(http://rbi.ims.ca/4917-54). Although only 10 × 10 × 12 inches, this digitally-controlled subwoofer delivers 2000W of dynamic power with a fraction of the distortion of competitive systems. A digital accelerometer in the unit measures the movement of the subwoofer cone and a DSP controller compares this movement to the input signal at a rate of 15,800 times per second to make corrections and keep the cone's motion as close as possible to the source input. To achieve typical distortion rates well below 0.5 percent, Velodyne Acoustics' engineers chose Texas Instruments' TMS320C2000 controller for its DSP performance and highly integrated MCU-like peripherals. For more information on Texas Instruments' TMS320C2000, go to http://rbi.ims.ca/4917-542.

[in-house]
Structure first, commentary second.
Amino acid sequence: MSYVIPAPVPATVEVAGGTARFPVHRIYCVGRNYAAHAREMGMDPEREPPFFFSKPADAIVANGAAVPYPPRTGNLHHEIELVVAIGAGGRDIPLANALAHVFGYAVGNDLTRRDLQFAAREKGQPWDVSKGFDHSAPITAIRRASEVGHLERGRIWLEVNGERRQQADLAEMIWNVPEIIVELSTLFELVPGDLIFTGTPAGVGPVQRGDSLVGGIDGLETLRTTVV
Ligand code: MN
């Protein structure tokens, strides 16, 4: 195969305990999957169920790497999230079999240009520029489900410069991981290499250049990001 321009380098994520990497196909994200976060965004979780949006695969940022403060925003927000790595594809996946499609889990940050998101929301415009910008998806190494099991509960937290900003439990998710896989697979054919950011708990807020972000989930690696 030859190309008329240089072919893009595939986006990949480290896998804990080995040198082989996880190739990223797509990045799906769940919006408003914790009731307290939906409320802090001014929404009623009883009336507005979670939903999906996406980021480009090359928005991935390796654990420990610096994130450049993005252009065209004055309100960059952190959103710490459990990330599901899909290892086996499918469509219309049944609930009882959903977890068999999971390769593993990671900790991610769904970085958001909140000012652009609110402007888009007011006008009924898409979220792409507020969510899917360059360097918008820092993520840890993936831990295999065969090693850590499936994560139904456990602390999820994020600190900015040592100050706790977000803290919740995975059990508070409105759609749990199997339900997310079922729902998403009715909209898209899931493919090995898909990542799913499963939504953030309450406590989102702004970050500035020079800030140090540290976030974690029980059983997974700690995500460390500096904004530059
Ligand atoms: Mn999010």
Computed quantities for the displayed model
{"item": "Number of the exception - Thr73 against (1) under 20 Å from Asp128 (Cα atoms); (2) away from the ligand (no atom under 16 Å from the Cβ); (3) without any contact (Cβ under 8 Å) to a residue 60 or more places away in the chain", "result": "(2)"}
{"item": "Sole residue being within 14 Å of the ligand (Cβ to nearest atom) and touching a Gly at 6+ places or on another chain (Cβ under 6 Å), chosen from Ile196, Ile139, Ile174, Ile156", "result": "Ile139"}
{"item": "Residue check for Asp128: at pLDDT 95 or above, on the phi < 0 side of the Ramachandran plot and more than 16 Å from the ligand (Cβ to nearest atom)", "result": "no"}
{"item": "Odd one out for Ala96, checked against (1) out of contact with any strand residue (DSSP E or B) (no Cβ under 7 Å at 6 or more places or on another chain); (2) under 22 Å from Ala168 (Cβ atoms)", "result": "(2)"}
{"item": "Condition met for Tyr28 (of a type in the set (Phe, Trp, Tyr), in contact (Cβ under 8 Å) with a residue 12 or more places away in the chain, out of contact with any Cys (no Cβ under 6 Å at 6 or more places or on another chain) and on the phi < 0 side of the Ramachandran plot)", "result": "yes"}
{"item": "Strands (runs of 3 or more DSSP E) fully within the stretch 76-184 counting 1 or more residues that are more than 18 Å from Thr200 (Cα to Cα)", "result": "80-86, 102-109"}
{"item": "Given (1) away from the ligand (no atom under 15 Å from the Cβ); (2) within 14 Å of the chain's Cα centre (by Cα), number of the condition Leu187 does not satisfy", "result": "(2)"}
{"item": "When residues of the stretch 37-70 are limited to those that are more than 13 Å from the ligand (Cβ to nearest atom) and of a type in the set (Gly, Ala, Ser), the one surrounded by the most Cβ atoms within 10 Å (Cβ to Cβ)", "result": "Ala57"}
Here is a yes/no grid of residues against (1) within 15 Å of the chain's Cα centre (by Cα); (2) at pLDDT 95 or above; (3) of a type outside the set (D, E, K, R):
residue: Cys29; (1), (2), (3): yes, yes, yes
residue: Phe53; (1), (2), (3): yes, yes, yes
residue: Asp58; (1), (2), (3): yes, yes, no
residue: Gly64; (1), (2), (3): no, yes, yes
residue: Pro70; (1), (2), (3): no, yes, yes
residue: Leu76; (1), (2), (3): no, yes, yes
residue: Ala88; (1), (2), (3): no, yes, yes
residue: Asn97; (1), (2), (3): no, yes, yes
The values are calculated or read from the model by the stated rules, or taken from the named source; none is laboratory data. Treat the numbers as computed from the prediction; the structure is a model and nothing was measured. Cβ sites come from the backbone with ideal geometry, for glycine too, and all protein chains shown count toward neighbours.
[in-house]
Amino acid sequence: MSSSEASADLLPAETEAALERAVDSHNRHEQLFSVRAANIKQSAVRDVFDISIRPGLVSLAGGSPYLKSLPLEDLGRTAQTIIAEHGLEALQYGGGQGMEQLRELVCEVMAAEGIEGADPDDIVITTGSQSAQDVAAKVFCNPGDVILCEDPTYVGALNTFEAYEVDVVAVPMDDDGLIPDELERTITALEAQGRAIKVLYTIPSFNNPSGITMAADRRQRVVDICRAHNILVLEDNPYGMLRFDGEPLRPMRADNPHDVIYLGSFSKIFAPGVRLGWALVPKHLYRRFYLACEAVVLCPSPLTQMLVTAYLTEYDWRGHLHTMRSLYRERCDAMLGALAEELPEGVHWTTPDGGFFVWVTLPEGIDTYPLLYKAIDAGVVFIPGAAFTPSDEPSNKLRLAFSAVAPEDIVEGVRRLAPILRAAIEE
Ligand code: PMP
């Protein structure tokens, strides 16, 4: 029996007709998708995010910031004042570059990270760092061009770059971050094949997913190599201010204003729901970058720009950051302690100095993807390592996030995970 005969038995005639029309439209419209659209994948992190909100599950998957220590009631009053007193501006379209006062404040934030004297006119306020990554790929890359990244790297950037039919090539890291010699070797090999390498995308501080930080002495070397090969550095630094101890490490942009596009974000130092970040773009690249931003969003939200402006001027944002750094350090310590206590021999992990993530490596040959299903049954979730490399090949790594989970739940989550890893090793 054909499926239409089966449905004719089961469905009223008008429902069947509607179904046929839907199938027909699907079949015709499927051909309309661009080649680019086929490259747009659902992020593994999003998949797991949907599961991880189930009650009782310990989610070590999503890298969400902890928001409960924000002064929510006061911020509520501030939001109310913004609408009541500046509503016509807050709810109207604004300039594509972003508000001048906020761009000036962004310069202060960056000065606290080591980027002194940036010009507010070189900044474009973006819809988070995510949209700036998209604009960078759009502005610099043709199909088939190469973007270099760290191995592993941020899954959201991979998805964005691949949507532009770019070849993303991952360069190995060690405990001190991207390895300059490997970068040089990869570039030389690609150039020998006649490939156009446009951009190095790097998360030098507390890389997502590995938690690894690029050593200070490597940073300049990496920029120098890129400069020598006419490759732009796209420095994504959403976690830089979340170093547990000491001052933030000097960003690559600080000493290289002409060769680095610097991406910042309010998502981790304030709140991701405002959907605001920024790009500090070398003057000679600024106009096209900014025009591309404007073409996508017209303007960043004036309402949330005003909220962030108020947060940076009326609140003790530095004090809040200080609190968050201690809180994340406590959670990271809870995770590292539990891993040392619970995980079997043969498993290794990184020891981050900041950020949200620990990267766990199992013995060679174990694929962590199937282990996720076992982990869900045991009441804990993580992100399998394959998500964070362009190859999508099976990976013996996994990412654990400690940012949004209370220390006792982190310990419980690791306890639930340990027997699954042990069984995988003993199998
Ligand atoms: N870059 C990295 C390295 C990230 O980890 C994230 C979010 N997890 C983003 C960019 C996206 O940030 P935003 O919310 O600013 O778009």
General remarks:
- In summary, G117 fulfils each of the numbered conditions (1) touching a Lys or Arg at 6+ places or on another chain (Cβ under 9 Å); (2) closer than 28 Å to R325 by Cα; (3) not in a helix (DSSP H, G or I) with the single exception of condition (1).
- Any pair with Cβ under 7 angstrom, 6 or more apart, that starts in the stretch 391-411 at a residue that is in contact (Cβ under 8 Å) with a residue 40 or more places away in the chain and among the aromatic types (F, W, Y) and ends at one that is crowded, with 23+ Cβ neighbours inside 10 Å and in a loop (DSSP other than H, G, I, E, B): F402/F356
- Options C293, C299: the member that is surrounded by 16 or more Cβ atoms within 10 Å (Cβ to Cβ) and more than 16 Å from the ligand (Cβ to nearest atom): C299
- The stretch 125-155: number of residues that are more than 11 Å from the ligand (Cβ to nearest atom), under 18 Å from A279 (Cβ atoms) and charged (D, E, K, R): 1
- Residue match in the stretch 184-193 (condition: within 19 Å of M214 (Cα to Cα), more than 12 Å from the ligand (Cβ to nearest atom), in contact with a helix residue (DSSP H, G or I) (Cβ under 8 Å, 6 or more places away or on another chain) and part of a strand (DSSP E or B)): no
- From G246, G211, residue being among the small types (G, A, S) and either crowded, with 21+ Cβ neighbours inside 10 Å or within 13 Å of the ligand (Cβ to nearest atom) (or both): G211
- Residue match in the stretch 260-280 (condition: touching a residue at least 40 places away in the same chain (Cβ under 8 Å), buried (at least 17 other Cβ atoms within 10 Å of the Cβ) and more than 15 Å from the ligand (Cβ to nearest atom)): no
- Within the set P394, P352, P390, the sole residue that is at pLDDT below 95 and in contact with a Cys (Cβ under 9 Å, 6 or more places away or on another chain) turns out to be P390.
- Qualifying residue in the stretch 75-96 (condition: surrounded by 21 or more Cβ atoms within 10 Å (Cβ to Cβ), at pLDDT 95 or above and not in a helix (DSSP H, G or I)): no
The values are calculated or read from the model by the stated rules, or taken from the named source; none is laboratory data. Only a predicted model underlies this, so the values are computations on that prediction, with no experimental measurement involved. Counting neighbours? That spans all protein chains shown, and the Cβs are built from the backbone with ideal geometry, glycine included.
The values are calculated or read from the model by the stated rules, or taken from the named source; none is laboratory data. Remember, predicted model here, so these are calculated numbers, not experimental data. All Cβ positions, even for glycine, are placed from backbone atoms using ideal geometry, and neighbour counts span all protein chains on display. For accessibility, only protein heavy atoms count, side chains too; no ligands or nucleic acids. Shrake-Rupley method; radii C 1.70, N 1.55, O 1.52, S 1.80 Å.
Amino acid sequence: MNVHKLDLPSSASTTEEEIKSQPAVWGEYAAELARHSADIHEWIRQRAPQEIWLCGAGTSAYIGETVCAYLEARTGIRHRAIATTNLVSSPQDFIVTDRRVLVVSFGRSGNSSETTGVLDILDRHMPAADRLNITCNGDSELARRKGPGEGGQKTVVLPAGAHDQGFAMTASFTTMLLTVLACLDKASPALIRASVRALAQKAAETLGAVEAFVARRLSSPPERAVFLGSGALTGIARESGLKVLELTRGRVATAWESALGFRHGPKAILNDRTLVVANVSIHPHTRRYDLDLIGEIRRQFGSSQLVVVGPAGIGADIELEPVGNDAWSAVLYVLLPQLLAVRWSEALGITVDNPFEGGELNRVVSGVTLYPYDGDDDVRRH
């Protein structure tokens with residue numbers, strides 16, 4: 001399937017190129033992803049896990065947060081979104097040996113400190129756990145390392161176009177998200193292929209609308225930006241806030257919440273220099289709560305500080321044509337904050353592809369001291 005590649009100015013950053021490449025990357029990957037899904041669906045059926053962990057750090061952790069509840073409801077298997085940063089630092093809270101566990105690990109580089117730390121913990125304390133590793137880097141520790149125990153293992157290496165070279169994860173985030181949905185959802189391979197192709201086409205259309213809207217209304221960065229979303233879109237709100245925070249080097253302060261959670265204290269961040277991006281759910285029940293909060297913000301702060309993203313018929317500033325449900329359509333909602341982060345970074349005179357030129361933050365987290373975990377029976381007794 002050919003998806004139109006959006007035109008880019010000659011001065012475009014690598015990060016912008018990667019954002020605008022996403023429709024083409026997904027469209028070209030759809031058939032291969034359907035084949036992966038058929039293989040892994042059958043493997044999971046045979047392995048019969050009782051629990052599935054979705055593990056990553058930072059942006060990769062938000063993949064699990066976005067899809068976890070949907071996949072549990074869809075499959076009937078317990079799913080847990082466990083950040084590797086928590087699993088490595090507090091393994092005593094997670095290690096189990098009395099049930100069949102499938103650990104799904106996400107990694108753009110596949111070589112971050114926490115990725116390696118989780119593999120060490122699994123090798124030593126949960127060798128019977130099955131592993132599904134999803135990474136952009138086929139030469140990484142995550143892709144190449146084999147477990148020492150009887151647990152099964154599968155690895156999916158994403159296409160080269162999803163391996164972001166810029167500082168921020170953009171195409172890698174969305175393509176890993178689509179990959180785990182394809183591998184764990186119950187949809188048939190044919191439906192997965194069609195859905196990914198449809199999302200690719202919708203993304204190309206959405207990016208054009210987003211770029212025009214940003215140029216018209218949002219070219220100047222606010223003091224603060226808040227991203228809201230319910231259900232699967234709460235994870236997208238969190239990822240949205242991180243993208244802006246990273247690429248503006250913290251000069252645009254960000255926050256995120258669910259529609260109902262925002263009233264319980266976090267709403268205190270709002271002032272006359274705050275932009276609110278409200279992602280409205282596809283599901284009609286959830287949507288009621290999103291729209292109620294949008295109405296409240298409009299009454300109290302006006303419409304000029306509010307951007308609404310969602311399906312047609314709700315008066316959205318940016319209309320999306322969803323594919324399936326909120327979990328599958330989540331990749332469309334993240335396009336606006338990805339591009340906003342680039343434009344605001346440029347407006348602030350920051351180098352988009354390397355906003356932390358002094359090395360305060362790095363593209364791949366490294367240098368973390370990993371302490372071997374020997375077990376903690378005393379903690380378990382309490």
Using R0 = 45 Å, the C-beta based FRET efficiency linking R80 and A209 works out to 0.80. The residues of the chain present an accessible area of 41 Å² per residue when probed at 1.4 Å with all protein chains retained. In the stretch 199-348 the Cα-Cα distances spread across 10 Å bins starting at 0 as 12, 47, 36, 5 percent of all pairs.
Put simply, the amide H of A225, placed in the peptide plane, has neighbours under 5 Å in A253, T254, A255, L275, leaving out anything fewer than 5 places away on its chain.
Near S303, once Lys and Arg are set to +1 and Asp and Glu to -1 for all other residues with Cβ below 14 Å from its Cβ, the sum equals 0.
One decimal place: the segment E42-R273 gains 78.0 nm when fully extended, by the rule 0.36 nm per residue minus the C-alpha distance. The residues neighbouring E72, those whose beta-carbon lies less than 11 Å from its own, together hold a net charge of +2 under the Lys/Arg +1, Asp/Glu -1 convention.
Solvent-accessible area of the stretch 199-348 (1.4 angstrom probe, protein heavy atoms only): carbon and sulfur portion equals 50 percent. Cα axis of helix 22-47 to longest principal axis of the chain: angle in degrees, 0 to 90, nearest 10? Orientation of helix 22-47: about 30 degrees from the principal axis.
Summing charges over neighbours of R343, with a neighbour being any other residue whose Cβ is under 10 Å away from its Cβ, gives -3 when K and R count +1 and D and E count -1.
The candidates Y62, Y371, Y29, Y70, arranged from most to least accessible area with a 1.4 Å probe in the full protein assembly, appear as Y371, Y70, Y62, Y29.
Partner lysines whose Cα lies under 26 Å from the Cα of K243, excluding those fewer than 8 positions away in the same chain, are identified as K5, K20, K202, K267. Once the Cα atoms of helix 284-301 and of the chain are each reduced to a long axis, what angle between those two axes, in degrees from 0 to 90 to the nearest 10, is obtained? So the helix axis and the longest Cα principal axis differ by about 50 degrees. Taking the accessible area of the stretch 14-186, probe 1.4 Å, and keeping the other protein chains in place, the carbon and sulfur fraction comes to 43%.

A new method of modeling how they are created with chemical vapor deposition (CVD) could reduce the cost of carbon nanostructures used for for research and commercial applications, including advanced sensors and batteries.
BMW has already incorporated more than 10,000 3D-printed parts in the Rolls-Royce Phantom and intends to expand the use of 3D printing in its cars even more in the future. Meanwhile, Daimler has started using additive manufacturing for producing spare parts in Mercedes-Benz Trucks.
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